Appreciative Inquiry (1 day)


David Cooperrider, the man behind Appreciative Inquiry (AI), was asked by the US Navy to figure out why there was a such a high staff turnover.   They were losing too many trained men and women; and it was a scenario that had to change.  Cooperrider’s response was unusual.  He turned around to the US Marine standing by the door and asked “What makes you stay?”

This is a one day workshop which uses the Appreciative Inquiry framework to explore change.  This could be creating (or revisiting) your organisational values, developing best practice, putting together strategic plans (vision/direction) or looking at shifting culture.


More about Appreciative Inquiry:

In every human situation, something works

Doing more of what works is the key driver for Appreciative Inquiry, as opposed to trying to do less of what we know doesn’t work.  Acting from the assumption that something is working makes it more likely that we will find that something. This is important because expectations – particularly from people in authority – influence performance. (See the Pygmalion effect.)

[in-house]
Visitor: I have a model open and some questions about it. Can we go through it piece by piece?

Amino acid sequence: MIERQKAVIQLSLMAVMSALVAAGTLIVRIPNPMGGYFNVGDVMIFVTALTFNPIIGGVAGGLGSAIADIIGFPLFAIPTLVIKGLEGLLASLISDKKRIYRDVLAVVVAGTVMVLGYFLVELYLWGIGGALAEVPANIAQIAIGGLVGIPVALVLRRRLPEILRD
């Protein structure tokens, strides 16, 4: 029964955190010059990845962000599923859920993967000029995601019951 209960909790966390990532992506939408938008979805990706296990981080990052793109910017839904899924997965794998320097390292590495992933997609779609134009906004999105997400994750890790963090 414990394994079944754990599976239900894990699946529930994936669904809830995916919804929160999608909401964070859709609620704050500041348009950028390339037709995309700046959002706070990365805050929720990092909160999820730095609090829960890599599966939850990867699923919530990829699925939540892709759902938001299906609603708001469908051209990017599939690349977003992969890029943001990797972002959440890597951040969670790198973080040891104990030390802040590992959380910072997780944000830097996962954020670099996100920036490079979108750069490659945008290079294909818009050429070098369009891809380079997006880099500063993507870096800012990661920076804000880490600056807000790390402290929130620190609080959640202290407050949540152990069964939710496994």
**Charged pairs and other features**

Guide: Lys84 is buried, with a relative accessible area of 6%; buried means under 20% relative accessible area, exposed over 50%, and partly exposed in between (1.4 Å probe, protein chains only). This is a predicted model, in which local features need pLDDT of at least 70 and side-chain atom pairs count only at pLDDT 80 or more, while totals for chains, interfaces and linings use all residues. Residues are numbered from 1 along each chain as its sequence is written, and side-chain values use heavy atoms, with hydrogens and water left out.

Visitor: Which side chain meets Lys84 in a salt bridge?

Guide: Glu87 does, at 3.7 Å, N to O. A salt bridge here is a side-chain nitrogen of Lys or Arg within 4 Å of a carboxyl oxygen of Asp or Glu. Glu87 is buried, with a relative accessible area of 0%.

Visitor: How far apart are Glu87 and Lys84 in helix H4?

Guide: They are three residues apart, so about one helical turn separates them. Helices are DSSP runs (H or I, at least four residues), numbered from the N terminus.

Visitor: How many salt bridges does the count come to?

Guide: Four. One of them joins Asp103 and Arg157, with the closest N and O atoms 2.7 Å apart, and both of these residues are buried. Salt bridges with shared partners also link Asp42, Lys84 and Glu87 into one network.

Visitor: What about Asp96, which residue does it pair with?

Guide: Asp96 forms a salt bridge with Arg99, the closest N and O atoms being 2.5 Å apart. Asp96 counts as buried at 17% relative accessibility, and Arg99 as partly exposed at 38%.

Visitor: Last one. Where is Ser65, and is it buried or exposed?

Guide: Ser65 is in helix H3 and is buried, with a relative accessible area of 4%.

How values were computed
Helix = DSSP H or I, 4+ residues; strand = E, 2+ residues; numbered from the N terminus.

Focusing on the positive influences the outcome

Focussing on the positive has been found to be extremely effective, for example, in sports psychology. There is plenty of research to back up the idea that focusing on positive aspects makes a successful outcome more likely.  (See the Expectancy Effect; the placebo effect: the value of positive emotions; and the psychology of luck)

Rediscovering our past achievements will affect our future

We have more confidence in our future, when we carry forward the achievements of the past. If we do not take account of what is already good in the current situation, there is a danger that we will lose what works already.  It makes sense therefore to start the change process, as AI does, with what is valuable and what is already working well, and to base change on doing more of what works.

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